–by Carissa Nath
The meat industry employs what are called interventions throughout meat processing to improve the quality, safety, and functionality of meat products. This concept is known as the multi-hurdle concept. Several interventions, also known as barriers or hurdles, have to be put into place in order to prevent harmful bacteria from making their way into the final product.
Oftentimes these interventions are the application of organic acids to the product. However, research into new and advanced interventions is continual. In addition, today’s consumer is seeking cleaner labeled foods, which means they want foods that are minimally processed, natural, or organic and that have ingredients they are familiar with. Therefore, interventions that will allow products to be made with minimal ingredients such as preservatives or other additives are ideal.
High-Pressure Processing extends the shelf life of products without having to add preservatives and other additives. This appeals to those consumers who are seeking minimally processed or clean labeled foods. The technology works by placing the packaged food product in a sealed vessel. High pressure is then applied in all directions to the packaged product.
The process is considered a cold or non-thermal process, which prevents alterations of taste, texture, and nutrition. Since the process is applied to the food in its final packaged state, the risk of recontamination is greatly reduced. In addition, having access to products that have a longer shelf life leads to less food waste at the retail and consumer level.
Traditionally this process is applied to fully cooked, ready-to-eat meat products versus fresh, raw products. However, the potential for application in raw products is being investigated. Also, many advancements in packaging have been investigated. Since high pressure is applied to the package, it must be able to withstand and hold up to this stress. The packaging must be flexible yet durable.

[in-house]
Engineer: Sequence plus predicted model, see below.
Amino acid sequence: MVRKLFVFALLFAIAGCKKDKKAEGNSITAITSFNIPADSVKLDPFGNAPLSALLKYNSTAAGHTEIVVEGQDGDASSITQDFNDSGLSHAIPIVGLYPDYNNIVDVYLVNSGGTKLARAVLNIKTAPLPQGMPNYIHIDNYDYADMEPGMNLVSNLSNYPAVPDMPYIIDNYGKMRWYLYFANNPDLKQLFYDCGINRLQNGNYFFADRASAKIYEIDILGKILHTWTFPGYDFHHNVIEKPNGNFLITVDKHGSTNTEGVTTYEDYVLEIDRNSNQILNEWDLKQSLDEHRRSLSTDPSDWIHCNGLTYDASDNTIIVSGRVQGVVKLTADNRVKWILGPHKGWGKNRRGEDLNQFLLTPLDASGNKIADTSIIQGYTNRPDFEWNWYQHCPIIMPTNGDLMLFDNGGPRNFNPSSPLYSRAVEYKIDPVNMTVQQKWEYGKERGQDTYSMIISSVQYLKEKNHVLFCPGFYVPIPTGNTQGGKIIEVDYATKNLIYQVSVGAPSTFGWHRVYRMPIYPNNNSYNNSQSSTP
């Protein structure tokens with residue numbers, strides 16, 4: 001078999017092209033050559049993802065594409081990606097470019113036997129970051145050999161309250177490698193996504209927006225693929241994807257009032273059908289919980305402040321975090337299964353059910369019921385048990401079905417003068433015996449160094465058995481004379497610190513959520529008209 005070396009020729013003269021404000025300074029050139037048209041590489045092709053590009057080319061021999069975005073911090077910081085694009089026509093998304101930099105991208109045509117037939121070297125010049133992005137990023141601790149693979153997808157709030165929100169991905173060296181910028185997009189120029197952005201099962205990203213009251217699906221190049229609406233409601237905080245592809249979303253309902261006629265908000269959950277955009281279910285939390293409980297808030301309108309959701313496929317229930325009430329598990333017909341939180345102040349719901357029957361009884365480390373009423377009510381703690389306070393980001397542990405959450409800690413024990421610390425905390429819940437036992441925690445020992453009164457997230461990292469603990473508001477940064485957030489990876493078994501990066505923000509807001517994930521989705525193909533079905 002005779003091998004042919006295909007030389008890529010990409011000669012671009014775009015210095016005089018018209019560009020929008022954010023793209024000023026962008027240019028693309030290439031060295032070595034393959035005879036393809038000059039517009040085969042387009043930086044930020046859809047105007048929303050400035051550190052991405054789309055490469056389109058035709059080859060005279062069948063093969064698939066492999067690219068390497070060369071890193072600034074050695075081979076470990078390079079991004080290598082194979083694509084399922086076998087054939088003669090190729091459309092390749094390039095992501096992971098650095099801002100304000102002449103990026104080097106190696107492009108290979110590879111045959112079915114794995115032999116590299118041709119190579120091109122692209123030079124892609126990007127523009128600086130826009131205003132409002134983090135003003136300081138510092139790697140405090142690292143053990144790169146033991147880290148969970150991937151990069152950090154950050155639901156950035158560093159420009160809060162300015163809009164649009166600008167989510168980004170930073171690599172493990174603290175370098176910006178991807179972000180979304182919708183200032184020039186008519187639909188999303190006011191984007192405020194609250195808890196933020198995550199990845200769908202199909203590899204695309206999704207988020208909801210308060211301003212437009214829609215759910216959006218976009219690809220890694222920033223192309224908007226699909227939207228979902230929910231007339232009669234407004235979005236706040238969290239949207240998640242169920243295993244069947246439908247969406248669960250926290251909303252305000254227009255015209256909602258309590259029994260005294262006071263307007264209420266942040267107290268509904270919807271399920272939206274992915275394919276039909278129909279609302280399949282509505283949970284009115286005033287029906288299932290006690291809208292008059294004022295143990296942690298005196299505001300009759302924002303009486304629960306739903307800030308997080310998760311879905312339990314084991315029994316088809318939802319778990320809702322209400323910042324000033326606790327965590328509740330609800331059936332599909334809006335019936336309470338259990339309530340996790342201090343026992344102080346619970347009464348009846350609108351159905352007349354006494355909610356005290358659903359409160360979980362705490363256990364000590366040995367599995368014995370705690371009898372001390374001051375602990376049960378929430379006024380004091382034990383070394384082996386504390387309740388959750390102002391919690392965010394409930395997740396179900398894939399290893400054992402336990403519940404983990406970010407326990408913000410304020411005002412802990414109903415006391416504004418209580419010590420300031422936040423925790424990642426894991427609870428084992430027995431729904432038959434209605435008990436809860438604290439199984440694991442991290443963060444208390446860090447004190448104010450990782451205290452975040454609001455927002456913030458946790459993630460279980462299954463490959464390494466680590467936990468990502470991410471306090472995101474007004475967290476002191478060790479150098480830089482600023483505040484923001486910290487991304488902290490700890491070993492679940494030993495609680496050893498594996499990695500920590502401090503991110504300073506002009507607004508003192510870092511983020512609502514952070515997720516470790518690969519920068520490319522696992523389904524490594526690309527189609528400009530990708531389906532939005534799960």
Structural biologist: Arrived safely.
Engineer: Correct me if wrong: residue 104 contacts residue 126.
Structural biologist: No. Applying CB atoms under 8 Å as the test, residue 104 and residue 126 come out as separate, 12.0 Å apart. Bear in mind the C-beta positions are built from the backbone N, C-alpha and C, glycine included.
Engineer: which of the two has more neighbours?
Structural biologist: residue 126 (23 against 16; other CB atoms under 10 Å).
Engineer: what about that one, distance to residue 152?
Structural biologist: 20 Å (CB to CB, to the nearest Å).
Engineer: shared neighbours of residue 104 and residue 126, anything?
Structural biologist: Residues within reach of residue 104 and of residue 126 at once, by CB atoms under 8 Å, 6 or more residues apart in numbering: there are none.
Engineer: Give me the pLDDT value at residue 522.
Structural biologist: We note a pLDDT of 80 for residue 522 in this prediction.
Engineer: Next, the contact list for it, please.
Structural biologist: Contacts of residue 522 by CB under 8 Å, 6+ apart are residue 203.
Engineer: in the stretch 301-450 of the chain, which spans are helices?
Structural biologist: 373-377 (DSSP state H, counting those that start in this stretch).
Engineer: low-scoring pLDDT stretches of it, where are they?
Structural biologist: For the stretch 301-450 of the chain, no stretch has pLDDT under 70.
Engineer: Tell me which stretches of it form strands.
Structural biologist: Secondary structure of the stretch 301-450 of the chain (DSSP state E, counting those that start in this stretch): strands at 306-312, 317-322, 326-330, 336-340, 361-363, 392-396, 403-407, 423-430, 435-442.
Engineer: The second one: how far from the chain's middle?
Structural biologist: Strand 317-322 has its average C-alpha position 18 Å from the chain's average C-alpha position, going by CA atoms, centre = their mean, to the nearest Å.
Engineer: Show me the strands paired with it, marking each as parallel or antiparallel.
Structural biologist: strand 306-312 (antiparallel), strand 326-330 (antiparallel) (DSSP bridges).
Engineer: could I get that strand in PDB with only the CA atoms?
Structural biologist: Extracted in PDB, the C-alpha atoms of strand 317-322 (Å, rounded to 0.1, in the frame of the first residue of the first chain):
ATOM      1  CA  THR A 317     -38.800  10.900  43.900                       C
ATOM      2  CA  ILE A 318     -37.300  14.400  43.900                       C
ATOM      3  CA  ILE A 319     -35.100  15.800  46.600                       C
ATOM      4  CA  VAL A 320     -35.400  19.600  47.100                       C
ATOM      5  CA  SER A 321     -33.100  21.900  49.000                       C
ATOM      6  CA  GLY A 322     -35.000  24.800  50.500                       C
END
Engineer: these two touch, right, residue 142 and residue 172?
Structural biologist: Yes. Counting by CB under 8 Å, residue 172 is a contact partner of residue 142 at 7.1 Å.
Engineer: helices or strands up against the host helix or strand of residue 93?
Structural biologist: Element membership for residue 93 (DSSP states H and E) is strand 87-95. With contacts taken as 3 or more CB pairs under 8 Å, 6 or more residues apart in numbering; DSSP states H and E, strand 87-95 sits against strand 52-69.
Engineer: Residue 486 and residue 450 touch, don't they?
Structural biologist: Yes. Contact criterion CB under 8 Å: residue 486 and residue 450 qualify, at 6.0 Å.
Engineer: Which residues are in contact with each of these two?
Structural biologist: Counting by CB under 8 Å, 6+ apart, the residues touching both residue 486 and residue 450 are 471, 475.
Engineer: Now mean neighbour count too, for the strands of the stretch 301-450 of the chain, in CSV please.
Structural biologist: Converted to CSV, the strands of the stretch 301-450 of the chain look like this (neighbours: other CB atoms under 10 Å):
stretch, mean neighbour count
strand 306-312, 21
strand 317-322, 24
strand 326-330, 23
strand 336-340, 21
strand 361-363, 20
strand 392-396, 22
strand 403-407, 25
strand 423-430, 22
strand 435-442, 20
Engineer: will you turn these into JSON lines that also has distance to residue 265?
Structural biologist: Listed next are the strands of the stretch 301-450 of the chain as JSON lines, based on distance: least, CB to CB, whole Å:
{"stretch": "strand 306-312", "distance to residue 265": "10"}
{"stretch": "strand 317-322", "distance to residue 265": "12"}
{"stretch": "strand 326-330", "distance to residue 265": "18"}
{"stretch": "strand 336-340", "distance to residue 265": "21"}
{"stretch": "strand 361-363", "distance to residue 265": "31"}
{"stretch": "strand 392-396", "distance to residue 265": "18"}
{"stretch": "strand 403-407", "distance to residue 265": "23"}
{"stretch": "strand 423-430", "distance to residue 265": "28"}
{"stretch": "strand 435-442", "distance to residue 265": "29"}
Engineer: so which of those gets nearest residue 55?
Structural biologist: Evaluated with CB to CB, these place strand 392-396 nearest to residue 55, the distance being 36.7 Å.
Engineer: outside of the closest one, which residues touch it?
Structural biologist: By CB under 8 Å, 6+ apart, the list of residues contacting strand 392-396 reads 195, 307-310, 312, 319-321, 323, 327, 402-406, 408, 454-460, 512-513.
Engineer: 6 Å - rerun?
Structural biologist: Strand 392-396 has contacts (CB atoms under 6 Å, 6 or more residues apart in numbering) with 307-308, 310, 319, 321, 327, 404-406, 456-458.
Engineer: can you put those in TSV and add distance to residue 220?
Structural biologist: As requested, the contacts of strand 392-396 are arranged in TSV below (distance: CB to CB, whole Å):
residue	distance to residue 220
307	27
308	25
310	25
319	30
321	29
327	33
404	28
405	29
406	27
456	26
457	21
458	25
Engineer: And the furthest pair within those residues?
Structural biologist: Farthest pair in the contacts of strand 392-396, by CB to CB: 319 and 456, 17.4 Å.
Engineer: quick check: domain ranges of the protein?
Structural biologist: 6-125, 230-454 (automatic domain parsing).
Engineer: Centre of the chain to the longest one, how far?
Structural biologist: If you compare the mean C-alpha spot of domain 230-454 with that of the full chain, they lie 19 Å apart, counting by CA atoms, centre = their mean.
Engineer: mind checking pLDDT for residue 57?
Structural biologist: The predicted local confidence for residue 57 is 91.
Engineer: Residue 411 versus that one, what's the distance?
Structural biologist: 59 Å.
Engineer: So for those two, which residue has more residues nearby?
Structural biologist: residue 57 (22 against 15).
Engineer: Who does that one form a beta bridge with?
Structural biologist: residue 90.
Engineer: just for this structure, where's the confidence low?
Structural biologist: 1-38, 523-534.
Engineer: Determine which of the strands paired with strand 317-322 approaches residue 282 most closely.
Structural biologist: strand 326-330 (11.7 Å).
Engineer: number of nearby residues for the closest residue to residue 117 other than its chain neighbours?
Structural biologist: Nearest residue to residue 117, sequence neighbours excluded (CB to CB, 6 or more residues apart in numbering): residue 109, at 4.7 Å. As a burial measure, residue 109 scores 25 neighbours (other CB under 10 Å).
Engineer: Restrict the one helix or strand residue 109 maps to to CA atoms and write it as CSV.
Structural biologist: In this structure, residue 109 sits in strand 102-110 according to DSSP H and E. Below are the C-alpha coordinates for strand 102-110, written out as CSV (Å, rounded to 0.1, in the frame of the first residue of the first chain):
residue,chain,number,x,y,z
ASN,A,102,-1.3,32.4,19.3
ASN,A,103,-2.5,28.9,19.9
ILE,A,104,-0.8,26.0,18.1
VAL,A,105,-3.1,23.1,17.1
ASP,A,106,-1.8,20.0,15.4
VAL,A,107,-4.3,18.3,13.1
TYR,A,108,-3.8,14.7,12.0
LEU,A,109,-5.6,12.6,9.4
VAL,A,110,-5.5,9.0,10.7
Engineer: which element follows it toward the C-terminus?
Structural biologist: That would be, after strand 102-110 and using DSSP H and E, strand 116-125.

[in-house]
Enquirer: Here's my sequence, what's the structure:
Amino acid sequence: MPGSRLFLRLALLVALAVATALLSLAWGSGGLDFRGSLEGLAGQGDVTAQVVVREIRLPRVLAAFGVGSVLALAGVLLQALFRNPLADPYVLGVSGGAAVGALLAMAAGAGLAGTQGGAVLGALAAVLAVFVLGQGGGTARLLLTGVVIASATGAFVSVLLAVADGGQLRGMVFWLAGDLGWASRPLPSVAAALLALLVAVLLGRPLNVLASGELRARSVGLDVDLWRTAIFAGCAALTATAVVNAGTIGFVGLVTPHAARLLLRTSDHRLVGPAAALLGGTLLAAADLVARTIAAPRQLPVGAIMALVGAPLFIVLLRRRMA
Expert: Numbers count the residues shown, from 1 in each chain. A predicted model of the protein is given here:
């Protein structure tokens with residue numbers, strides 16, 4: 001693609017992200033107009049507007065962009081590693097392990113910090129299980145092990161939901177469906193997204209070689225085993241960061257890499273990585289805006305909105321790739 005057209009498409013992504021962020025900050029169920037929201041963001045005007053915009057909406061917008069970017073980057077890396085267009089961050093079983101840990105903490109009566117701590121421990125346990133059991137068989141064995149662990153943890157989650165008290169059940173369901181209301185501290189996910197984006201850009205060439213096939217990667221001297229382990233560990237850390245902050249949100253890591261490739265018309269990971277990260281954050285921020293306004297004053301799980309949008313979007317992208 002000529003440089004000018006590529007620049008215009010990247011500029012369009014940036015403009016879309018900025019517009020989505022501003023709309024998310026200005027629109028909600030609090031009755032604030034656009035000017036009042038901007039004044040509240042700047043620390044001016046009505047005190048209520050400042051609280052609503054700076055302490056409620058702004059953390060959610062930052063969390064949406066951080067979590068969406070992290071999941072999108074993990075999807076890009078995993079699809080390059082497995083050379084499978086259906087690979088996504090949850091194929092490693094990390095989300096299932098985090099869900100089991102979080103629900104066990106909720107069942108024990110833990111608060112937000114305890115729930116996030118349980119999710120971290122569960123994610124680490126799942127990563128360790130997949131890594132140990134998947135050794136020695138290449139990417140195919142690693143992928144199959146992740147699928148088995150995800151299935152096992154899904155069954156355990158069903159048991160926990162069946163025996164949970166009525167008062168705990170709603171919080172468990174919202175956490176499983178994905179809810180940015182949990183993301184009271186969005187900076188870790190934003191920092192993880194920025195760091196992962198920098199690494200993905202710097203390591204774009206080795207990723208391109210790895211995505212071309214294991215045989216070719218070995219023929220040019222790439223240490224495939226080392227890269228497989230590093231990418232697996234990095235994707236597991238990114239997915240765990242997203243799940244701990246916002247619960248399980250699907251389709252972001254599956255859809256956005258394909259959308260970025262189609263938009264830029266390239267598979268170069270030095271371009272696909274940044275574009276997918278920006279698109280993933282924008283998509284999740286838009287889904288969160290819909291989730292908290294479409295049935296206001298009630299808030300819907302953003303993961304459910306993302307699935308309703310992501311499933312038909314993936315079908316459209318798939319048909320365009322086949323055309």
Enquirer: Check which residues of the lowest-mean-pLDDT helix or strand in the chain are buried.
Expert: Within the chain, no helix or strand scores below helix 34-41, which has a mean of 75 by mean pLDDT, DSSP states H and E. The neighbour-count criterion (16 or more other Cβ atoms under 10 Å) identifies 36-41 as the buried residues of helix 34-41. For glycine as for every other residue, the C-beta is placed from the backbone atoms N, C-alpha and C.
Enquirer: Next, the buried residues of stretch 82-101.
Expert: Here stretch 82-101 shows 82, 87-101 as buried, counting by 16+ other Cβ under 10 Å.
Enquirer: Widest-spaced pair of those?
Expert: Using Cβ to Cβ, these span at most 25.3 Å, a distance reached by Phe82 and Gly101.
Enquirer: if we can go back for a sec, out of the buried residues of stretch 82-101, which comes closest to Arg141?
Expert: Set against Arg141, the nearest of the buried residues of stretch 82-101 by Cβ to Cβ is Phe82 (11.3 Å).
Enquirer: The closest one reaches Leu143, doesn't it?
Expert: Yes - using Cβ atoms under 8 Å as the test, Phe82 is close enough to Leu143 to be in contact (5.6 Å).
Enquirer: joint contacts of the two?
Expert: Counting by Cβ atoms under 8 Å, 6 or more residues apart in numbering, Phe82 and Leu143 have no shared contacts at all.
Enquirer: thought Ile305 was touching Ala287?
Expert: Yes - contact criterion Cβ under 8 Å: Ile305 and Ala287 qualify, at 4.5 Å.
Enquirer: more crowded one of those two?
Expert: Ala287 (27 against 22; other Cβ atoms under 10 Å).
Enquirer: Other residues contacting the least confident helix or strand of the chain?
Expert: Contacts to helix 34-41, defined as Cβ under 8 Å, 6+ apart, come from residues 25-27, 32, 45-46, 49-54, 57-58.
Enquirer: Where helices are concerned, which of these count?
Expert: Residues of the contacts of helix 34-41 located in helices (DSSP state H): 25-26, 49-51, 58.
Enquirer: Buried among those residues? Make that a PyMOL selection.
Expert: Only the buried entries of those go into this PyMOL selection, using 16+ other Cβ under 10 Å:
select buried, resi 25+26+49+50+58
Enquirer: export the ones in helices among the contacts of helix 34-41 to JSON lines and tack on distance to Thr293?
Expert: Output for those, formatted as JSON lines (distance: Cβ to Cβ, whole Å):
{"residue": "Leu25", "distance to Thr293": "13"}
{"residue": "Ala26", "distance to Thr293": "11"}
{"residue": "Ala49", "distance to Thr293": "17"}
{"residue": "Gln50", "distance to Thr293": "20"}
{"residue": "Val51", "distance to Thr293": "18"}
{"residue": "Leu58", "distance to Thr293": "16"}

Ozone is a highly reactive form of oxygen and therefore is a strong oxidant and potent disinfecting agent. Here’s how ozone is made: oxygen normally exists as dioxygen (O2), but through this process the dioxygen molecule is split into single oxygenatoms. These single oxygen atoms combine with the remaining dioxygen molecules to form a very reactive O3 molecule. These O3 molecules are very unstable, so they must be generated at the time of use. The highly reactive molecules are then added to water for use in sanitation and other food safety intervention applications.
Ozone technology has been utilized as a sanitation intervention for food contact surfaces within processing facilities for a number of years; however, it does have the potential to be directly applied to meat products as well. In addition, ozone is considered an environmentally friendly sanitizer as it quickly decomposes
Bacteriophages are live viruses that enter the bacteria’s cell wall and devour it. They can be utilized to target specific food-borne pathogens and were first approved for use by the Food and Drug Administration in food in 2006. In the meat industry, bacteriophages have been approved as a pre-harvest intervention to control E. coli O157:H7 on cattle hides. Further, bacteriophages are approved for application in red meat parts prior to grinding to, again, control E. coli O157:H7. Also, bacteriophages can be applied as a post-processing intervention for ready-to-eat products to control Listeria monocytogenes.
These three interventions show great promise to help the meat processing industry add to their food safety toolbox.